A couple of weeks ago, Spider-Man celebrated his 50th anniversary with the release of Amazing Spider-Man #692. I didn’t pay much attention to that comic because it had been years since I bought my last Spider-Man book.
At the most recent Fan Expo, I wanted to cover the Spider-Man panel, because I am not a regular reader and hopefully I would observe and report on the panel as someone who “wasn’t in the know” or give a different perspective on the panel. The panel, which included writer Dan Slott and editor Steve Wacker, talked about their plans for Spider-Man and a little bit about the future of the character. Half way through the panel it hit me, why am I not reading Spider-Man?
Dan Slott has a lot of passion for Spider-Man. It pours out of him when he speaks about the character and the book. You can tell he has some great ideas for the character and he wants Spider-Man to be Marvel’s flagship title.
Steve Wacker is the editor of Spider-Man, but he is also the editor on Daredevil, Captain Marvel Hawkeye and Punisher. I am a regular reader of Daredevil. I am going to start picking up the Punisher trades very soon and I have heard great things about Captain Marvel and Hawkeye. With the quality of books coming from Steve Wacker’s office, I really can’t go wrong with reading Spider-Man as well.
I used to be a huge Spider-Man fan. It was the book I spent most of my money on when I was in high school. My comics purchases dropped when I was in college. I would buy the odd comic book, but Spider-Man wasn’t a title I would pick up. I still loved the character, but I didn’t buy any Spidey books. I received issue #400 as a gift and that was one of the last Spidey comics I had. Issue #400 was an important book: that was the issue where Aunt May died. It was a tough issue to pick up because I didn’t know about the clone saga and Ben Reilly. Afterwards I bought 2 issues of Amazing Spider-Man, but then I didn’t buy any for a long time afterwards.
I got back into Spider-Man in the early 2000s with Ultimate Spider-Man. I picked up the first 7 trade paperbacks of the series and thought it was awesome. Then I picked up the Amazing Spider-Man trade Coming Home. After reading that, I put it away and never bought another Spider-Man comic again. The story was too ridiculous.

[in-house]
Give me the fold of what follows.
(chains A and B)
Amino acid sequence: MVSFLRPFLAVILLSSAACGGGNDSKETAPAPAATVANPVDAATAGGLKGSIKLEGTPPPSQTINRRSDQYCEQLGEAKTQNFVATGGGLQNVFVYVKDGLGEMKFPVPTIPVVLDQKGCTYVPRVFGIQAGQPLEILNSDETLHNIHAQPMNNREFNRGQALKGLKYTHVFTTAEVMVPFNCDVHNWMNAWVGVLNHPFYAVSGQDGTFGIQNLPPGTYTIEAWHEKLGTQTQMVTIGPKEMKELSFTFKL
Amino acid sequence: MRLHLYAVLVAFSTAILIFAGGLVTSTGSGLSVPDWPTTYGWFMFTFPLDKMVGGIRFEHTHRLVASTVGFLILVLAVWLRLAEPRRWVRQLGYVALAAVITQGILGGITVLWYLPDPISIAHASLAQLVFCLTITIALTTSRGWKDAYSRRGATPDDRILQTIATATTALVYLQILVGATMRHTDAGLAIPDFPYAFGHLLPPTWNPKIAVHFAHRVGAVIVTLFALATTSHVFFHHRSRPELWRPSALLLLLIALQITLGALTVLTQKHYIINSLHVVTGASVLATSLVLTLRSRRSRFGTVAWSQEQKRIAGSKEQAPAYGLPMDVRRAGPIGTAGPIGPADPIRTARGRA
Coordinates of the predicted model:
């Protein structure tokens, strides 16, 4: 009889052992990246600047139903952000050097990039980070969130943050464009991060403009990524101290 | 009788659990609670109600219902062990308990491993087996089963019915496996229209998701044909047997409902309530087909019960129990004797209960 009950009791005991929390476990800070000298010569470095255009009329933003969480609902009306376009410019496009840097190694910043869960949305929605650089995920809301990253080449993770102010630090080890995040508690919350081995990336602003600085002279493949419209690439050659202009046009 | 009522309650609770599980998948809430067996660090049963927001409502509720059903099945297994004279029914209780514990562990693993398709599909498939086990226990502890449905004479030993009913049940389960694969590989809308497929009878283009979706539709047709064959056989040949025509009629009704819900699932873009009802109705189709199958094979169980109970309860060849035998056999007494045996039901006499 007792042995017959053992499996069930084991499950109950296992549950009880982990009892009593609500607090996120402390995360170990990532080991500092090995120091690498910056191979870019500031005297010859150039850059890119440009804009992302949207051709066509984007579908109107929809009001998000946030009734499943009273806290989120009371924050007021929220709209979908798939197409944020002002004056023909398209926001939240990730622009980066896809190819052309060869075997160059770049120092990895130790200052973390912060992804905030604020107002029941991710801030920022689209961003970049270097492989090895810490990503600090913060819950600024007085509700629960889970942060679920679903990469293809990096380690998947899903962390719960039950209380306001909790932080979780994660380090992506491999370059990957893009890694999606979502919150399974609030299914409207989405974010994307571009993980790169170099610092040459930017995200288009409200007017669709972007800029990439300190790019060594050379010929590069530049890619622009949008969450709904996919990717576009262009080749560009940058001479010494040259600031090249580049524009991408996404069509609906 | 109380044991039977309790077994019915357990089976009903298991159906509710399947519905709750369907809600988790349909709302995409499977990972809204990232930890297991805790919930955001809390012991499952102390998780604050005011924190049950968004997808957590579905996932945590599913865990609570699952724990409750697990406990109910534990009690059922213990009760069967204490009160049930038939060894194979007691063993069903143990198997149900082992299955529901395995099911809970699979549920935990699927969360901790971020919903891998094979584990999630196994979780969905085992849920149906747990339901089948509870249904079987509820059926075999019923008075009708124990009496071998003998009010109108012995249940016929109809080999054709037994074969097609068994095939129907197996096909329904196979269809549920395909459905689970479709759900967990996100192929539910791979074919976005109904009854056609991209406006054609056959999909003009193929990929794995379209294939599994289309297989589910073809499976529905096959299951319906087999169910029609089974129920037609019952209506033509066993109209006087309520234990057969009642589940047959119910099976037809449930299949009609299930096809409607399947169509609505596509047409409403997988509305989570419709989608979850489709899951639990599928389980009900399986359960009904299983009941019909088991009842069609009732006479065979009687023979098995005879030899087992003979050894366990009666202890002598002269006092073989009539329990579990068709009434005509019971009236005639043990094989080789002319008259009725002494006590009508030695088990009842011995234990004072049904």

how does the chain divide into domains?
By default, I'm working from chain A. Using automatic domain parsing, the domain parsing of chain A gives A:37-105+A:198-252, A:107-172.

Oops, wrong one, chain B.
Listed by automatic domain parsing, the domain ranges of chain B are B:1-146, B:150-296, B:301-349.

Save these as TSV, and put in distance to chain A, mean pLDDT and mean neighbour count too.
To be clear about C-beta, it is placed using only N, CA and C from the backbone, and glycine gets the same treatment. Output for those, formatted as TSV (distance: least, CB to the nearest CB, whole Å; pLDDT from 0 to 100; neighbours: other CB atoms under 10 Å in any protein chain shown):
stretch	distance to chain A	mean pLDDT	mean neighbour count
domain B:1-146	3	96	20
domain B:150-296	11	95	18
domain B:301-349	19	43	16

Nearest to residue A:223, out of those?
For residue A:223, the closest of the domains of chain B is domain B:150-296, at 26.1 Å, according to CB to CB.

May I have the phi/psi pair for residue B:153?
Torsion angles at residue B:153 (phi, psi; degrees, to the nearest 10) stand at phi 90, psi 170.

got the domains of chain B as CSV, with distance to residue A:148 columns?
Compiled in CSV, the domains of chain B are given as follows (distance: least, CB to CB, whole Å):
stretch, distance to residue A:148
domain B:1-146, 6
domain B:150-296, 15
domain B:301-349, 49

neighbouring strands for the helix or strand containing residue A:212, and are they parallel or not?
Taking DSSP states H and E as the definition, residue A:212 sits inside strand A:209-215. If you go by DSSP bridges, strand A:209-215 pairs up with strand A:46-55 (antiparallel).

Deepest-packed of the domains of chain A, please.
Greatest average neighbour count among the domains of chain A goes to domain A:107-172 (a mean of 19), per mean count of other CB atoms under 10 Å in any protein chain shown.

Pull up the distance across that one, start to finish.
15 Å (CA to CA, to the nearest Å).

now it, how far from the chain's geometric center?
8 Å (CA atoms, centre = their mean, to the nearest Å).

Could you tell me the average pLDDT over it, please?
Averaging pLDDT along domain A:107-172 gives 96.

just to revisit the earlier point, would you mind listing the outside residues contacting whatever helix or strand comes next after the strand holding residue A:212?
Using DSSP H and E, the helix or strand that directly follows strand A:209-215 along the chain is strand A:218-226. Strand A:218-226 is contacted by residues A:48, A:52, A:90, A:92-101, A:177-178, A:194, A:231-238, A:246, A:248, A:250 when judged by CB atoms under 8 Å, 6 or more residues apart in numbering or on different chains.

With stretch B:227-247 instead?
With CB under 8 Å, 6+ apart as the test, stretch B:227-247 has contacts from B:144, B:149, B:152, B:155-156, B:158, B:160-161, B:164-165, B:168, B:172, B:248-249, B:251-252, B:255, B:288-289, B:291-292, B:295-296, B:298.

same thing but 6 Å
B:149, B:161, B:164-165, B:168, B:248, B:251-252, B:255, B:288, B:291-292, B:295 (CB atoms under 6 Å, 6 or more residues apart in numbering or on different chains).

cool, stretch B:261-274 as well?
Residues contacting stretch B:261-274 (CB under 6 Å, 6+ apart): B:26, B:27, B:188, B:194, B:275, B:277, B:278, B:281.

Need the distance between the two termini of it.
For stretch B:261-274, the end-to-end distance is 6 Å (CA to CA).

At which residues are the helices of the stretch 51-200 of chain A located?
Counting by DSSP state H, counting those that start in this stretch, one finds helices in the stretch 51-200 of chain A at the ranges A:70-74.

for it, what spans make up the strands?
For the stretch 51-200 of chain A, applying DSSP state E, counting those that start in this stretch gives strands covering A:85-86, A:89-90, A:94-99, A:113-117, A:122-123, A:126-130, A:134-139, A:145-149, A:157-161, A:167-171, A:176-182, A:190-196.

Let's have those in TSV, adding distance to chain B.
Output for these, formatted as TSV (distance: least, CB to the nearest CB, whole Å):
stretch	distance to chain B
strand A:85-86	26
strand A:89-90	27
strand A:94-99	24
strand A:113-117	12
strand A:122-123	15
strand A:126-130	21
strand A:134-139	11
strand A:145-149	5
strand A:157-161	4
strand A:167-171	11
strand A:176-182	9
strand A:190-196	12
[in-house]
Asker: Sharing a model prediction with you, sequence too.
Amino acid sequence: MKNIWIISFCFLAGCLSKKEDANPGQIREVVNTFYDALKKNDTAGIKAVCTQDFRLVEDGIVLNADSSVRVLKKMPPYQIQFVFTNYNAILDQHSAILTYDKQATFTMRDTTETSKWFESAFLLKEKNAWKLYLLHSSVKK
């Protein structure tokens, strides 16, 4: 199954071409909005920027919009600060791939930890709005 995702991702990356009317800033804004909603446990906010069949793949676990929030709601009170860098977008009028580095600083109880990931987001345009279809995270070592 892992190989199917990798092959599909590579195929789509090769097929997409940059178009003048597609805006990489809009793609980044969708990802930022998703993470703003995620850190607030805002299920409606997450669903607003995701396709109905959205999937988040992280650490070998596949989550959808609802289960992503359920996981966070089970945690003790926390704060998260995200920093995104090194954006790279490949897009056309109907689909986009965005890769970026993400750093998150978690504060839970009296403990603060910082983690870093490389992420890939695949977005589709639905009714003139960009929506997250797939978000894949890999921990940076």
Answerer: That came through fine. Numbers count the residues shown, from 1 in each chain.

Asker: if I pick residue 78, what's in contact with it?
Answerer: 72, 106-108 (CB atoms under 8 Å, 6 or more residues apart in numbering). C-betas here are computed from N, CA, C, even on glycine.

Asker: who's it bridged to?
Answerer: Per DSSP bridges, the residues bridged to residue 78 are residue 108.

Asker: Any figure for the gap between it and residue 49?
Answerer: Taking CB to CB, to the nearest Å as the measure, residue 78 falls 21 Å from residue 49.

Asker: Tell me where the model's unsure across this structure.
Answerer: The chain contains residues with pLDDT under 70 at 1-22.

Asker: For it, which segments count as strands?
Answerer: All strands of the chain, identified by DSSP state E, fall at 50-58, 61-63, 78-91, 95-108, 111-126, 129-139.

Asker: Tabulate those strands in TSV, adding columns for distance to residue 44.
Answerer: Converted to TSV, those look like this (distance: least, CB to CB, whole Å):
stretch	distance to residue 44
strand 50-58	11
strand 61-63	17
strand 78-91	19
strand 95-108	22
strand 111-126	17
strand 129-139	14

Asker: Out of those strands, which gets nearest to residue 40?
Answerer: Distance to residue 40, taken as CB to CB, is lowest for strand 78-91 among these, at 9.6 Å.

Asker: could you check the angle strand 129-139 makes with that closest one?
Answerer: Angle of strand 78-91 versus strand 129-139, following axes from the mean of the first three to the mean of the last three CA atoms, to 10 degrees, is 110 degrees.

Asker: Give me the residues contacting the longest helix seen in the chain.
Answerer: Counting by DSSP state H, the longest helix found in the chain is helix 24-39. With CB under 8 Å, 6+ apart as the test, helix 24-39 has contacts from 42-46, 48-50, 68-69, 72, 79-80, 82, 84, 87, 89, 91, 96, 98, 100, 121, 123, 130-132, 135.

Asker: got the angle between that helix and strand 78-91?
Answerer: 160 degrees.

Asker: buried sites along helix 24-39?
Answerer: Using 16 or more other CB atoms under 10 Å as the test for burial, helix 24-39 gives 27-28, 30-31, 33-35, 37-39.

I ended up selling all of my Ultimate Spider-Man trade paperbacks, and that Coming Home “masterpiece” and decided I wouldn’t buy Spider-Man anymore. It was easy to avoid web-head on the comic shelves. Then Spidey joined FF.
FF is a title that I picked up from day one. I had issues with the story last year, but after I read the complete story arc, I could understand what Jonathan Hickman was doing with the series. Reading Spider-Man again was refreshing. The character has changed, but Peter Parker/Spidey has reverted back to the fun parts of the character when I first started reading him. Yes a lot has happened in the 292 issues I have been away Spider-Man, but I have confidence in Dan Slott that he will craft an intriguing story that will keep me hooked.
I borrowed issue Amazing Spider-Man #692 from a friend so I could check it out (my local shop was sold out and hopefully they can find me a copy). I hate the character Alpha, but we’re not supposed to like him. The writing of that issue was great. It may be one of my favourite Spider-Man comics (Amazing Spider-Man #347 is the best in my opinion).
So with the great writing, good artwork and great editorial/creative direction, Amazing Spider-Man is now officially back on my comics pull list. It’s been a long time away, but I can’t think of any reasons not to buy Spider-Man anymore.
How about you? Are you reading Spider-Man?